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Is there a standard model for market impact? I am interested in the case of high-volume equities sold in the US, during market hours, but would be interested in any pointers.

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Similar question to: quant.stackexchange.com/questions/7049/… –  Mark Horvath Jul 18 at 23:03

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up vote 14 down vote accepted

There is a family of models that is so commonly used among practitioners that it can be almost regarded as standard. For a survey, check out Rob Almgren's entry in the Encyclopedia of Quantitative Finance. Check out also Barra, Axioma and Northfield's handbooks. In general, the impact term per unit traded currency is of the form

$$MI \propto \sigma_n \cdot \text{(participation rate)}^\beta$$

where the exponent is somewhere between 1/2 and 1, depending on the model being used, and the participation rate is the percentage of total volume of the trade, during the trading interval itself. When including the total MI in optimization, the models commonly used are the "3/2" model and the "5/3" model, in which the costs are proportional to (dollar value being traded for asset i)^{3/2, 5/3}. Since the term is not quadratic (and not solvable by a quadratic optimizer) some people approximate it by a linear term plus a quadratic one, or by a piece-wise linear convex function.

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While many models say impact is sub-linear, it souds dangerous to believe this. Given large enough size of a VWAP order I would imagine the opposite, i.e. super linear.

There is a theoretical argument as well to linear impact: Imagine 10 VWAP orders of 10 different traders making up the buy trades of a day for a security, each of them trading the same amount. If $\beta \neq 1$ then only one of them trading $10 \times$ more, would result in a different impact. Assumming they are using the same VWAP algorithm (or same broker even), this would lead to contradiction as the impact should be the same.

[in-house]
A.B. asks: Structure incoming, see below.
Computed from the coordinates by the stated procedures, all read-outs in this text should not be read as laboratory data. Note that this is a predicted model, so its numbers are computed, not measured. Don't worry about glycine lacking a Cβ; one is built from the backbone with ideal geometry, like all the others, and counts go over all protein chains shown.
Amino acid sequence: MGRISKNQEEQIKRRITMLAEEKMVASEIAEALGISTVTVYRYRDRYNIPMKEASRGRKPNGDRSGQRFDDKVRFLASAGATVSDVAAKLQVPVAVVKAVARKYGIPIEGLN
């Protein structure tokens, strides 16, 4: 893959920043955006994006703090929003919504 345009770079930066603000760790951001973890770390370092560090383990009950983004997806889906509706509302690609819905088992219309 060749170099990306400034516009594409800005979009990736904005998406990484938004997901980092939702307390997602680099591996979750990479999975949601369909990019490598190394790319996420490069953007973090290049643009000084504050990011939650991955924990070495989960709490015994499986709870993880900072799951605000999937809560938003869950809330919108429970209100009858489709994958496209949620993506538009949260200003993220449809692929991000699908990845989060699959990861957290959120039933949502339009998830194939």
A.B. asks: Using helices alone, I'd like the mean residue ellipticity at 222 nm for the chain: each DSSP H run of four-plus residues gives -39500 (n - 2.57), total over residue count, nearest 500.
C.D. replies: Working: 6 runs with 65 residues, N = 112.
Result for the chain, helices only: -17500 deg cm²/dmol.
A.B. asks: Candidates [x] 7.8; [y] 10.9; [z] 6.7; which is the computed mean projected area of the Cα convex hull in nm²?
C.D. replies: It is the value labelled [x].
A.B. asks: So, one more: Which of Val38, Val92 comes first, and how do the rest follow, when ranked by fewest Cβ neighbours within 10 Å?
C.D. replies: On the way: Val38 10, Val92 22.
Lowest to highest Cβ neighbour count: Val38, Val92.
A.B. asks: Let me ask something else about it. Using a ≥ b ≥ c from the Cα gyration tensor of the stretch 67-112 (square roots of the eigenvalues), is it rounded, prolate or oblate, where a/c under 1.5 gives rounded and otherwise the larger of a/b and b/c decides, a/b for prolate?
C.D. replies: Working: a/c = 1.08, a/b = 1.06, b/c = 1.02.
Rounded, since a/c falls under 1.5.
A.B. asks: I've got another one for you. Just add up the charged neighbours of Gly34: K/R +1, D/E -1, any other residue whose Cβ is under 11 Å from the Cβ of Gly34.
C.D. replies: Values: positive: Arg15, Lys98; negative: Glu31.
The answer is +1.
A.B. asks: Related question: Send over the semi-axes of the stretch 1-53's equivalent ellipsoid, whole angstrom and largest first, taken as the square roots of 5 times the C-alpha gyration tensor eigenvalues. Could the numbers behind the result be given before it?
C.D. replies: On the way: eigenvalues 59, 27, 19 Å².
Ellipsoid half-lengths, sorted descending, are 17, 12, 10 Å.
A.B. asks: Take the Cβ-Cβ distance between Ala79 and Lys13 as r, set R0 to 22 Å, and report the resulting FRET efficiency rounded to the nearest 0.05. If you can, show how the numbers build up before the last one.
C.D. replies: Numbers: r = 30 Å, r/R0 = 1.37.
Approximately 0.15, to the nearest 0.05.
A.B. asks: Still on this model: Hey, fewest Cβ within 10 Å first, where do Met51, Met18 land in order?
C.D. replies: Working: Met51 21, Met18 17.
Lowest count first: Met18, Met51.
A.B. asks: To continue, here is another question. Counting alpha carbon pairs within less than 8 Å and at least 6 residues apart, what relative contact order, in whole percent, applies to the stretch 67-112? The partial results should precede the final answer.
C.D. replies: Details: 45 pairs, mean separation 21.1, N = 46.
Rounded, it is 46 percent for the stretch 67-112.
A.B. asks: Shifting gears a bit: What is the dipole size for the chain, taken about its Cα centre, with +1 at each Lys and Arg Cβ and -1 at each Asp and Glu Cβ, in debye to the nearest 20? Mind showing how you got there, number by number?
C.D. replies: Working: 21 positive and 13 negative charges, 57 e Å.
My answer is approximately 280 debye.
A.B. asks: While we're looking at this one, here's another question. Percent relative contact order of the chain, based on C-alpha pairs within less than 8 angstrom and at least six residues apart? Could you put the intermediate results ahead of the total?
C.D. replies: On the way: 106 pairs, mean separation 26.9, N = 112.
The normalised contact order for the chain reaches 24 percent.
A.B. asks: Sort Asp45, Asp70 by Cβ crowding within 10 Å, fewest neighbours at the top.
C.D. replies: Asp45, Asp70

Given that there are many apporximations of these coefficients, each noisy and different per market, I prefer to be careful and use a linear impact model. (Of course, I have to accept that the weakness of using this pessimistic model as a PM, is that I won't have an incentive to split my large block orders to smaller ones across time... But let the execution team worry about that.)

You might also find this discussion useful: Quantopian Slippage Model.

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The easiest way ,i suppose, would be to analyze the market depth. If there is a 20 cent gap between each 100 shares on the bid then to sell 1000 shares instantly would have an impact of $2. Your average price is the midpoint. There are more complicated formulations, but this seems to be how it works on simple examples such as bitcoin exchanges.

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I don't believe that there is a "standard" model (per say); in fact, there are many considerations around market impact models, so you would need to be more specific. At the most basic level, you might define market as $P_{first fill} - P_{last fill}$ once your order in actually in the order book (e.g. not including other costs like "opportunity cost"). This doesn't take into account any other trades that may be taking place at the same time or other events that might be impacting the price beyond your order. It doesn't doesn't help you to forecast market impact on an impending order (which would require some knowledge of time of day, volume, volatility, etc.).

That being said, I would certainly recommend reading "Optimal Trading Strategies" (Kissell, Glantz 2003) which gives a good overview (in addition to covering other transaction cost subjects).

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